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European Union Considers Banning Animal Testing for Cosmetics

On 7 November 2002, representatives of the European Parliament and the Council, which is comprised of representatives from the European Union's (EU's) 15 member governments, agreed to modify Directive 76/768/EEC (ref. 1) by introducing a ban on animal testing for cosmetic products2. This ban still needs to be approved by the full European Parliament and member nations.

The purpose of this new directive is to protect and improve the welfare of animals used for experimental purposes by promoting the development and use of scientifically valid methods of alternative testing. The directive has four main objectives:

  • “[T]o prohibit in the Community the testing of cosmetic products on animals;

  • “[T]o prohibit in the Community the testing of cosmetic ingredients on animals and the marketing of cosmetics tested on animals or containing ingredients tested on animals as soon as alternative testing methods have been validated by the Commission, with due regard to validation within the Organization for Economic Co-operation and Development (OECD);

  • “[T]o align the provisions of Directive 76/768/EEC with the rules of the World Trade Organization (WTO); and

  • “[T]o improve consumer information in relation to the use of cosmetic products.”

The European Parliament and Council agreed to implement the marketing and testing bans in 2009, to give cosmetic companies time to develop non-animal tests.

The EU had previously rejected a June 2002 proposal to ban testing of cosmetic products on animals, fearing that it would disadvantage European exporters and violate world trade rules. If implemented, this new ban would affect the 8,000 current cosmetic ingredients as well as any new ingredients used in the EU's $44-billion-a-year cosmetic industry. Only three EU countries currently ban animal testing of cosmetic ingredients: Britain, Austria, and The Netherlands3.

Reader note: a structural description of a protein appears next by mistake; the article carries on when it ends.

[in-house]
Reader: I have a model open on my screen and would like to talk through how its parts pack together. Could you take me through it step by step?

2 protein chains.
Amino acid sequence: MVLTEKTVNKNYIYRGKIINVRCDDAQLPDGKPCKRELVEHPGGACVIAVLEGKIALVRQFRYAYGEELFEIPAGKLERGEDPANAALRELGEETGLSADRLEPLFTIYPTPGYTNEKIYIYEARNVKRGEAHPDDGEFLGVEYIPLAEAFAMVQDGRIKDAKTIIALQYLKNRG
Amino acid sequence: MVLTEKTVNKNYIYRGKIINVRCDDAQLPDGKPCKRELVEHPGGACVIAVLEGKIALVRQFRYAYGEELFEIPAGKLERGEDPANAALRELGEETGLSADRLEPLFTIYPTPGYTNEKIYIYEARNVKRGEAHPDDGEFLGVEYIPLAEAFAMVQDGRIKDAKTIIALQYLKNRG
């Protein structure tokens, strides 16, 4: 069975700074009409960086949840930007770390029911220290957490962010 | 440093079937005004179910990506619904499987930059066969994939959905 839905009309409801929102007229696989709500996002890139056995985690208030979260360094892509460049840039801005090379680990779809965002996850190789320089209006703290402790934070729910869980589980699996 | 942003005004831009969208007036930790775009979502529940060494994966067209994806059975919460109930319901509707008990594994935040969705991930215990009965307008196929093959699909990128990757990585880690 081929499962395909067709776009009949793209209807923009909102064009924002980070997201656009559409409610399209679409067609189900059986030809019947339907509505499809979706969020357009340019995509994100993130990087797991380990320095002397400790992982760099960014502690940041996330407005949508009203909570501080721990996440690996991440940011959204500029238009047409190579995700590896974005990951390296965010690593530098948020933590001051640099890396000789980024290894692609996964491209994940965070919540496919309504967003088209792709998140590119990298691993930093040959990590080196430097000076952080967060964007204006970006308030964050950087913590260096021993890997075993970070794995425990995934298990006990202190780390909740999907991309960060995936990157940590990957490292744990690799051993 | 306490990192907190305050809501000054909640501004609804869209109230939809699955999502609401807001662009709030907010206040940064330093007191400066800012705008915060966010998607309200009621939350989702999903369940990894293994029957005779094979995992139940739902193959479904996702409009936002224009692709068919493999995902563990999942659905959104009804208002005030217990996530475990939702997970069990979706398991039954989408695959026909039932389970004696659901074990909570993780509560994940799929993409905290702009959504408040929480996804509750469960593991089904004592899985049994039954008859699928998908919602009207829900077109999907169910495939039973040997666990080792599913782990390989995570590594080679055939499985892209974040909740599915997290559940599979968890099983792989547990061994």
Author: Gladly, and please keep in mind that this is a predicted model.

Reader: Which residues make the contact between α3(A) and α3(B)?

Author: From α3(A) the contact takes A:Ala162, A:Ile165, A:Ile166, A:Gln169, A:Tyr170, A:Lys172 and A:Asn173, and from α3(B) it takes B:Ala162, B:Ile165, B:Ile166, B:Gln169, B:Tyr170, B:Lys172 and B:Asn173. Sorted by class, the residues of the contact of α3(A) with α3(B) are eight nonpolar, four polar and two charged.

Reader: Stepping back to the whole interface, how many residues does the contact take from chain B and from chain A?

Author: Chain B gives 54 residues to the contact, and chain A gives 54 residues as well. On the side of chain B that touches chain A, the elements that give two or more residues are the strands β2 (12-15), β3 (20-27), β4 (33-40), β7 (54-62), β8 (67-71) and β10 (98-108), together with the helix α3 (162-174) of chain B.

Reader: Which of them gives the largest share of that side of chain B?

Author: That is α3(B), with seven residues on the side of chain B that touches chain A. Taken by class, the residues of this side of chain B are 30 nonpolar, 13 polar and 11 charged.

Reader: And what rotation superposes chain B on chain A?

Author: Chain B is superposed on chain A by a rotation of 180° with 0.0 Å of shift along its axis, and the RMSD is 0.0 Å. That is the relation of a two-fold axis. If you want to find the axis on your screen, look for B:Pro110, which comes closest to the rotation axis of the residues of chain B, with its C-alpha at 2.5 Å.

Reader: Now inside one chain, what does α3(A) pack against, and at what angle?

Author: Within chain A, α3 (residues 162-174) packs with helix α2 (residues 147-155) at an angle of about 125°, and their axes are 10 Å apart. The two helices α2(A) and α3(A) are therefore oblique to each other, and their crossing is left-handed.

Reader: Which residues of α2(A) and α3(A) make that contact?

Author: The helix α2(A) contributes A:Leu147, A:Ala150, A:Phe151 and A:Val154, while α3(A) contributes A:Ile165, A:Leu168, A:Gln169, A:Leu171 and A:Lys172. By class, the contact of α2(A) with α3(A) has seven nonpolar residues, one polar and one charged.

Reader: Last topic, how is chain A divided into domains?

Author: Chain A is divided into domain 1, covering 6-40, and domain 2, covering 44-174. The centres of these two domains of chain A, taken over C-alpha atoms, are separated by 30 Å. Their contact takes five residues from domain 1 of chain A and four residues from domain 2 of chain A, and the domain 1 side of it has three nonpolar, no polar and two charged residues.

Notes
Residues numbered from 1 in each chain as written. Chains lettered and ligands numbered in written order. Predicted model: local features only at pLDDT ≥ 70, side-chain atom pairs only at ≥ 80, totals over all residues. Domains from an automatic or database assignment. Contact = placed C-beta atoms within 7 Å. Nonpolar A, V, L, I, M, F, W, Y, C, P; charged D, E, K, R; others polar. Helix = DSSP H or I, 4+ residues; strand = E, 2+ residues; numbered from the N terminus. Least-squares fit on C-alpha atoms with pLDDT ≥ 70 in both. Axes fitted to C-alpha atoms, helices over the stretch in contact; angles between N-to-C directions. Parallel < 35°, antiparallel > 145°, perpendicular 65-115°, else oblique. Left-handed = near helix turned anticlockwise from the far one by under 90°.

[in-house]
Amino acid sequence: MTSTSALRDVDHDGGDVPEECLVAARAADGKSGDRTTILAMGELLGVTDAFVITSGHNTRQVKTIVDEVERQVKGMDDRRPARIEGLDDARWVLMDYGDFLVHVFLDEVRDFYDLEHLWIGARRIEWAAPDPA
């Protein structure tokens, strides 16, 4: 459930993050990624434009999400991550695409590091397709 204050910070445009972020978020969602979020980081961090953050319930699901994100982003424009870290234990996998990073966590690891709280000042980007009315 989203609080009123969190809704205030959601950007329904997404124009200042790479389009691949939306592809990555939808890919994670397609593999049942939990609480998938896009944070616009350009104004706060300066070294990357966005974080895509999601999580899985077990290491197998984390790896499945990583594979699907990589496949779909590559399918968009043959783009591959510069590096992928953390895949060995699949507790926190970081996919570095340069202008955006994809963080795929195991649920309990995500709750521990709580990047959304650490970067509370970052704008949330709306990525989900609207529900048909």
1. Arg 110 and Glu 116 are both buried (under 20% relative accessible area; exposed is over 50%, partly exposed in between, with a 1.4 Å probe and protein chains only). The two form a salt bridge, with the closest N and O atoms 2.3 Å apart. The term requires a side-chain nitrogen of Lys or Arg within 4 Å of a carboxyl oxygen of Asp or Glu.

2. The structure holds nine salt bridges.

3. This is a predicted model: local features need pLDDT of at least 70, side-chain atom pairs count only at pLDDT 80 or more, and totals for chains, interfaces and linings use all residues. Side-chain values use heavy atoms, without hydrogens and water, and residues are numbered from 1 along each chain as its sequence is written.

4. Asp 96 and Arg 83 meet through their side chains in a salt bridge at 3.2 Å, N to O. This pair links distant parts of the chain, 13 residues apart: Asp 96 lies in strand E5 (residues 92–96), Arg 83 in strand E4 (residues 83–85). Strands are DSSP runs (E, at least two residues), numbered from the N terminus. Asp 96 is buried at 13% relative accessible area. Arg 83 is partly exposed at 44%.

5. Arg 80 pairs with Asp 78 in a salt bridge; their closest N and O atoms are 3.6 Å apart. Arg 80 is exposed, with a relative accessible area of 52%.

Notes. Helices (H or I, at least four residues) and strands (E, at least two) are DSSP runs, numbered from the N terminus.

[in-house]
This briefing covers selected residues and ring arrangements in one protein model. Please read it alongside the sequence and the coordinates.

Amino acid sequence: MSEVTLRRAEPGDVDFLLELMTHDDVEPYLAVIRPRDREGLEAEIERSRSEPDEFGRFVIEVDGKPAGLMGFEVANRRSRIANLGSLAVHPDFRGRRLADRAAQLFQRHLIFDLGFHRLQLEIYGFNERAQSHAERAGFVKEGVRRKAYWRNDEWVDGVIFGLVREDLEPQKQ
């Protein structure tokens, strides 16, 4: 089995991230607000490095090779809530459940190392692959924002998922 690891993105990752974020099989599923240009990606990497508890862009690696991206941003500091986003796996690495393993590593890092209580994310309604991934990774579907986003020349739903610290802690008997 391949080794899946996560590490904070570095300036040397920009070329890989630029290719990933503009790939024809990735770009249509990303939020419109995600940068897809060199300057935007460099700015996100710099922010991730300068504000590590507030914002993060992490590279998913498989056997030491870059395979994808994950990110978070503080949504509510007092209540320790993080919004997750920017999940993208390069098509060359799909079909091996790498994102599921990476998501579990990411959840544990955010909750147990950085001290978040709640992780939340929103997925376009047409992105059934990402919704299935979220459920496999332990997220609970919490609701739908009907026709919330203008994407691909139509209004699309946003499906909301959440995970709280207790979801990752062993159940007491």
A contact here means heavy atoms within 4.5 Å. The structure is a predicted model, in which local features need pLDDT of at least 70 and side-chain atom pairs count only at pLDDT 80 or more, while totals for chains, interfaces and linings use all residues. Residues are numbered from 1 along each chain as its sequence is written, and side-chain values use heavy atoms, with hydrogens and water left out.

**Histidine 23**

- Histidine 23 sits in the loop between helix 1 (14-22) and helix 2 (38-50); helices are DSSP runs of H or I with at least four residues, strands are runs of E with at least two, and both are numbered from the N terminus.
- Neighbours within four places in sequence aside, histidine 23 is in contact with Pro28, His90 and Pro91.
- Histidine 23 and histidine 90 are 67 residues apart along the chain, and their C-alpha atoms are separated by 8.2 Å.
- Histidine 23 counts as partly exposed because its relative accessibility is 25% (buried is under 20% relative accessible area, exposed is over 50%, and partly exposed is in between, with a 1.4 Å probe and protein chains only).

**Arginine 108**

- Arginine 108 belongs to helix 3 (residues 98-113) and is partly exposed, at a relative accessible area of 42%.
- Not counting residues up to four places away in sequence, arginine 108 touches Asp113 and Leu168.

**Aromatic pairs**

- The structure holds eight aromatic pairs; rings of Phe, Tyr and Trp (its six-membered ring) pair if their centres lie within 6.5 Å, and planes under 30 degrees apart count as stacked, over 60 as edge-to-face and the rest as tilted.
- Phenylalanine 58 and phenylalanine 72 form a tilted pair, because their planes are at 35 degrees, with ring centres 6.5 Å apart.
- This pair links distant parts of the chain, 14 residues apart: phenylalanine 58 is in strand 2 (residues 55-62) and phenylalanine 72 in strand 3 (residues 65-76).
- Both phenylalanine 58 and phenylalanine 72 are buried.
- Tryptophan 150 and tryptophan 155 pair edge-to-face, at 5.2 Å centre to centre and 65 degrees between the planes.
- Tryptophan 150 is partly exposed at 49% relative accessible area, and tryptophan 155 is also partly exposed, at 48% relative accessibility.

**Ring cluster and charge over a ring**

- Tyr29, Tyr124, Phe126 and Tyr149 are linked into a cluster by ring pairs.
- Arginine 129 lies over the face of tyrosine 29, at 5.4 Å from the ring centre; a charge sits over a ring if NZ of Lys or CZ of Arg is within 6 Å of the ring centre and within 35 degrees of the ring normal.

References

  1. 1

    Council Directive of 24 November 1986 on the approximation of laws, regulations and administrative provisions of the Member States regarding the protection of animals used for experimental and other scientific purposes (86/609/EEC). http://europa.eu.int/comm/food/fs/aw/aw_legislation /scientific/86-609-eec_en.pdf.

  2. 2

    Parliament–Council Conciliation Committee. Agreement on the banning of animal testing for cosmetics. (7 November 2002). http://ue.eu.int/pressData/en/misc/ 73127.pdf.

  3. 3

    Ames, Paul . EU may ban animal tests by 2009. Associated Press (7 November 2002).

  4. 4

    HR 5005. Homeland Security Act of 2002. http://thomas.loc.gov.

  5. 5

    Veneman, A.M. USDA Statement by Agriculture Secretary Ann M. Veneman regarding the creation of a Department of Homeland Security. USDA Release No. 0479.02. (19 November 2002). http://www.usda.gov/news/releases/ 2002/11/0479.htm

  6. 6

    Florida Department of State—Election Results. http://enight.dos.state.fl.us.

  7. 7

    Reject 'pig' amendment 10. Palm Beach Post (FL) (25 October 2002). http://www.palmbeachcivic.org/election2002 _news_021025_reject_pig_amendment10.html.

  8. 8

    Drug Enforcement Administration, Department of Justice. Final Rule. Schedules of controlled substances: rescheduling of buprenorphine from schedule V to schedule III. Federal Register 67, 62354–62370 (7 October 2002).

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Shalev, M. European Union Considers Banning Animal Testing for Cosmetics. Lab Anim 32, 19 (2003). https://doi.org/10.1038/laban0103-19a

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